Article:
2019 FIFA Women’s World Cup – Team USA Must Find Balance Between Goals And Sportsmanship

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You see the score, 13-0.

What is your reaction?

If it was football, you would probably say it was a defensive battle. Baseball, it was bad pitching. But what about soccer?

Aren’t those games supposed to be 1-0 or nil, nil? Not on Tuesday at the Women’s World Cup and the first game for the United States.

In case you missed it, the U.S. beat lowly Thailand by a World Cup-record 13 goals in the first round of group play (32-team international competition, France). Star U.S. forward Alex Morgan scored five goals and also had two assists. Impressive.

In the first round, each team plays the other three teams in their group, and the top two teams with the most points (three for a win, one for a tie and zero for a loss) advance to the next knockout round, which is single elimination. If two teams are tied on points, the goal differential or who scored the most goals advances.

This is where the argument—whether 13 goals are too many—plays a big part. The U.S. team, which is the favorite to win the tournament, still has to play Chile and Sweden in their group. Sweden is also one of the favorites, so that game could decide who wins the group. Winning your group usually means an easier game in the next round.

Look at this scenario: Sweden beat Chile on Tuesday, so you would think the U.S. will also beat Chile. As a result, if the U.S. and Sweden come into their game against each other with six points, a tie between the two teams would make the deciding factor, goal differential.

Who knows how many goals Sweden will be able to score against the out-matched Thai team; however, I would guess it won’t be 13. But it has to be in the back of their minds, right?

Simply, how many goals you score in the group stage MATTERS.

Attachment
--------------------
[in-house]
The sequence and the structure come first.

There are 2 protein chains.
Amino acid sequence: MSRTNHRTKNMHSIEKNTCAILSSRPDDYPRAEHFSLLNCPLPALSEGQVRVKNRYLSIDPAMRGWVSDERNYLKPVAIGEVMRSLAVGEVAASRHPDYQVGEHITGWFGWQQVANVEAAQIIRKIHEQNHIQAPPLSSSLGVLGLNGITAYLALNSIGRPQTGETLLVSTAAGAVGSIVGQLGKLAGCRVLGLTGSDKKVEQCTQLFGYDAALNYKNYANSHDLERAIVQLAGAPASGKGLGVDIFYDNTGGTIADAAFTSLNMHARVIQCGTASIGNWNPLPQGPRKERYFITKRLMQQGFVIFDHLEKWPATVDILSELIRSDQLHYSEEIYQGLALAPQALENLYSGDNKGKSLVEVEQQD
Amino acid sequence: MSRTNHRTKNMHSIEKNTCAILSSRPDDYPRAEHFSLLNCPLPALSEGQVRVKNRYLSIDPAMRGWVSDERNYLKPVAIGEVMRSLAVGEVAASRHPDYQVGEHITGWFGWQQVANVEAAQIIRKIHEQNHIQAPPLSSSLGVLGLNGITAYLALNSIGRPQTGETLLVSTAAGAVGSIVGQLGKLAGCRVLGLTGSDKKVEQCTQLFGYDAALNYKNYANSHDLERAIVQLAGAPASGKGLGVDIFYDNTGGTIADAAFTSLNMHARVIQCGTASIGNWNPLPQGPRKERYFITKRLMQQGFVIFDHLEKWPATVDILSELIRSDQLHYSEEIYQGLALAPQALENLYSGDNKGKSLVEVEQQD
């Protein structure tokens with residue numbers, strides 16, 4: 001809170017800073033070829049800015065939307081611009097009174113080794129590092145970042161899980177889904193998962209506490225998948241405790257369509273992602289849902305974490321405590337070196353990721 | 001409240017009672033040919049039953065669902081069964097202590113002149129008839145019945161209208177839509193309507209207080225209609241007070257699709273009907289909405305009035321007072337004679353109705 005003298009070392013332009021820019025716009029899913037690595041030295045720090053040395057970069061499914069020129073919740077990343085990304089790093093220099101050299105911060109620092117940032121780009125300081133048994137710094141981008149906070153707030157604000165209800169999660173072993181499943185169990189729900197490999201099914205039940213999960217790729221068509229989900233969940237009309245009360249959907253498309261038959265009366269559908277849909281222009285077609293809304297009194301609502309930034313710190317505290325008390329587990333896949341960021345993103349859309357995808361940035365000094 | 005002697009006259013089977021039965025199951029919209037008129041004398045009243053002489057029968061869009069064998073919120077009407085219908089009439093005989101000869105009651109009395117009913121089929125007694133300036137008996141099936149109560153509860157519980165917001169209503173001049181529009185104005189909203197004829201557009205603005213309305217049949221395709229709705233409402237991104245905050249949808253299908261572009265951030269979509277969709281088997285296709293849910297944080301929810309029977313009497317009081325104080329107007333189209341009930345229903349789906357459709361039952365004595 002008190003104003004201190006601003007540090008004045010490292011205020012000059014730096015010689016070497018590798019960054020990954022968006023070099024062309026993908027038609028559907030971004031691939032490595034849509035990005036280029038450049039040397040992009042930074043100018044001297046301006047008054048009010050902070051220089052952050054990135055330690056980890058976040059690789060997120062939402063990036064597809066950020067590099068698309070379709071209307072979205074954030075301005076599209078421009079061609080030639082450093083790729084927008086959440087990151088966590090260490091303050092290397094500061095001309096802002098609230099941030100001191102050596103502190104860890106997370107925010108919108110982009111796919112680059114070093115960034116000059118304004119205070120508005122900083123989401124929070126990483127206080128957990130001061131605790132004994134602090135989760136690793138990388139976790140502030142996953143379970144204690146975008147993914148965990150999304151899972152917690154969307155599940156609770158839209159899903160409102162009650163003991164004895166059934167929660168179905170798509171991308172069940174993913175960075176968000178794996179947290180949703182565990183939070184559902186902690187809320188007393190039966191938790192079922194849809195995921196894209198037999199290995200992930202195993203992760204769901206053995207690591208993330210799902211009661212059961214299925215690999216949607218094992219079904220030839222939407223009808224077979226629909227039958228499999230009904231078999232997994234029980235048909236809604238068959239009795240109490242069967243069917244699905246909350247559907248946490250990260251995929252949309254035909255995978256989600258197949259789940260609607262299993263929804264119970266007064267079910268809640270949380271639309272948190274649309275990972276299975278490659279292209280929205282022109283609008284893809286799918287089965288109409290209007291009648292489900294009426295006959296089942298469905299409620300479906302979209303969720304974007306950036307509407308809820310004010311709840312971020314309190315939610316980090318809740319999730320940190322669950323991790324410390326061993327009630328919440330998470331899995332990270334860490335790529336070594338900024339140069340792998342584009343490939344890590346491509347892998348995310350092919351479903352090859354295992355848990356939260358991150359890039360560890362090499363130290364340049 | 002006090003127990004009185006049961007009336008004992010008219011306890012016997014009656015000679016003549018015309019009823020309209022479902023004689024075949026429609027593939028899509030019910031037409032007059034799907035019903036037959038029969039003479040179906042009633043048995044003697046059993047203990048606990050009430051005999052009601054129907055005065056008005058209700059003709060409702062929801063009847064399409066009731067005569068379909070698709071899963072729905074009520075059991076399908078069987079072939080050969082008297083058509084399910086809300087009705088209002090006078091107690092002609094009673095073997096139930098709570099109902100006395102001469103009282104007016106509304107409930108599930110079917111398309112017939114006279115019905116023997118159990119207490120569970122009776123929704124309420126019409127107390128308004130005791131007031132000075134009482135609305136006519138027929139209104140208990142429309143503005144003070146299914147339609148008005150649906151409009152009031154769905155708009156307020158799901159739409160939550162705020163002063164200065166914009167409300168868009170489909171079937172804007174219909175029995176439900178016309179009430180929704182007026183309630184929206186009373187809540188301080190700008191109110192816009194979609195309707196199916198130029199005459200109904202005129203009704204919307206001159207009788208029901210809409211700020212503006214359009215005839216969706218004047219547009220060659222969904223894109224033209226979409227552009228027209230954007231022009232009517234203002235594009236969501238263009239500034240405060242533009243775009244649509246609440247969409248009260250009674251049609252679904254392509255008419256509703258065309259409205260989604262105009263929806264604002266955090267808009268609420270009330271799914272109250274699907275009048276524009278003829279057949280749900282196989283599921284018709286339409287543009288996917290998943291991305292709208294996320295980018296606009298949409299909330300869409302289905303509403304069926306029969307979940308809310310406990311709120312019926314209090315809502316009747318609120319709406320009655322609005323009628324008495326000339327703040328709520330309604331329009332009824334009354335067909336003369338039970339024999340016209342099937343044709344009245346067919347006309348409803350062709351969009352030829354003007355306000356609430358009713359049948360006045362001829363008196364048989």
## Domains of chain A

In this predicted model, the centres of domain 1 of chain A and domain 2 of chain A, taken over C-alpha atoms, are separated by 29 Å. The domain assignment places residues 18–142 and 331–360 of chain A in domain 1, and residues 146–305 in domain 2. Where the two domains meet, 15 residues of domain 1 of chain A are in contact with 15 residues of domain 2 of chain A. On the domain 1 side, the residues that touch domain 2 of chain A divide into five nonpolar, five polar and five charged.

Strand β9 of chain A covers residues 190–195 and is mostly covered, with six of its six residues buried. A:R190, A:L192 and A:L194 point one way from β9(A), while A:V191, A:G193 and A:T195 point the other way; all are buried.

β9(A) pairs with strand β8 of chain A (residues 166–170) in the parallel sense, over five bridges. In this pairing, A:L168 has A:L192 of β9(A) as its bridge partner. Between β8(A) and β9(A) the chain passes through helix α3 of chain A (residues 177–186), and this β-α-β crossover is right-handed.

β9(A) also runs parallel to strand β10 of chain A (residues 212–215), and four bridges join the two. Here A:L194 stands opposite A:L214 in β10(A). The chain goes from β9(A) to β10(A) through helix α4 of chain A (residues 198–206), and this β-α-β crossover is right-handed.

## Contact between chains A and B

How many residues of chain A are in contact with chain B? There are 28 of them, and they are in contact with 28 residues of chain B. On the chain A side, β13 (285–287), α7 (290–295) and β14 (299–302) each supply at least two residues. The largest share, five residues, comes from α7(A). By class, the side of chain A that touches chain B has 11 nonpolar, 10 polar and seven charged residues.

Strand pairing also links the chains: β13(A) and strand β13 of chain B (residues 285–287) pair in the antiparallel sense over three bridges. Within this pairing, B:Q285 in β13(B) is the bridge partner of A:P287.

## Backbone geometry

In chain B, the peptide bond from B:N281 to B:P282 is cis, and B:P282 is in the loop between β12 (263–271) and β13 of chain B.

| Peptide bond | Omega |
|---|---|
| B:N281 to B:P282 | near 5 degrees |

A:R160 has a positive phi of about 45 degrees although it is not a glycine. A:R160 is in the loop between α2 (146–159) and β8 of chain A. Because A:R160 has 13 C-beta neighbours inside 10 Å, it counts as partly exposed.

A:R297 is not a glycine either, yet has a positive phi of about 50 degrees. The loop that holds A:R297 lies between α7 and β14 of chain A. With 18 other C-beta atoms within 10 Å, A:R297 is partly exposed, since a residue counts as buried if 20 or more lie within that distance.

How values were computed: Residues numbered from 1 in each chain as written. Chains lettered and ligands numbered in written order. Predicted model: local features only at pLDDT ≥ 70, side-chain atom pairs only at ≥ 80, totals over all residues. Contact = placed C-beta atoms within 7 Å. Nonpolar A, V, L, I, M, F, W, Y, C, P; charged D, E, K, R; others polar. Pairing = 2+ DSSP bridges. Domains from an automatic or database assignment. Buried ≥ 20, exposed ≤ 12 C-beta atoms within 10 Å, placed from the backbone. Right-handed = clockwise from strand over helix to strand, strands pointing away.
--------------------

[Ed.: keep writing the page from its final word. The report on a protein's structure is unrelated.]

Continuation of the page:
With that said, what I have a problem with is the way the U.S. went about the game and the lack of sportsmanship they showed.

I’ve been on both ends of games like this, and, honestly, it is no fun on either side. I’ve been there as a player and a coach. Running up a score is never the way to go in my opinion. You can hand a team a sound defeat, prove your dominance, AND keep the score respectable. It is on the coach and on the players equally.

The discrepancy in talent between the top and bottom teams in women’s soccer is huge, and it showed particularly in this game. But in the game of soccer, there are many, many ways to manage a score. The U.S. team did none of that. Their approach was downright rude. On top of that, they continued to celebrate goals like it was the game-winner in overtime.

What did they have to prove by disrespecting the Thai team and running up the score with over-the-top celebrations? Nothing.

Sure they hugged and consoled their opponents at the end of the game, but that was too little too late.

I was excited to see how the U.S. team would play in their first game with the pressure of being the odds-on favorite. They played great and showed their skill and dominance that hopefully will carry on the rest of the tournament.

However, the way the U.S. team went about that win did not make me proud to be an American soccer fan. Win your games but show some sportsmanship and class. Unfortunately, that was missing on Tuesday. Boo.

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About Author

John D. Hunter is Montana native but grew up in the Tacoma/Seattle area and proudly attended Washington State University. He is a former morning show producer on KJR SportsRadio in Seattle. For 7 years he produced ‘Knight in the Morning’ with Michael Knight and New York Vinnie. From there he moved to ESPN.com where he spent another 7 years as an Interactive Editor and Soccer reporter/writer. He has covered 3 Super Bowls, the NBA Finals, 1998 World Cup in France and many more sporting events.

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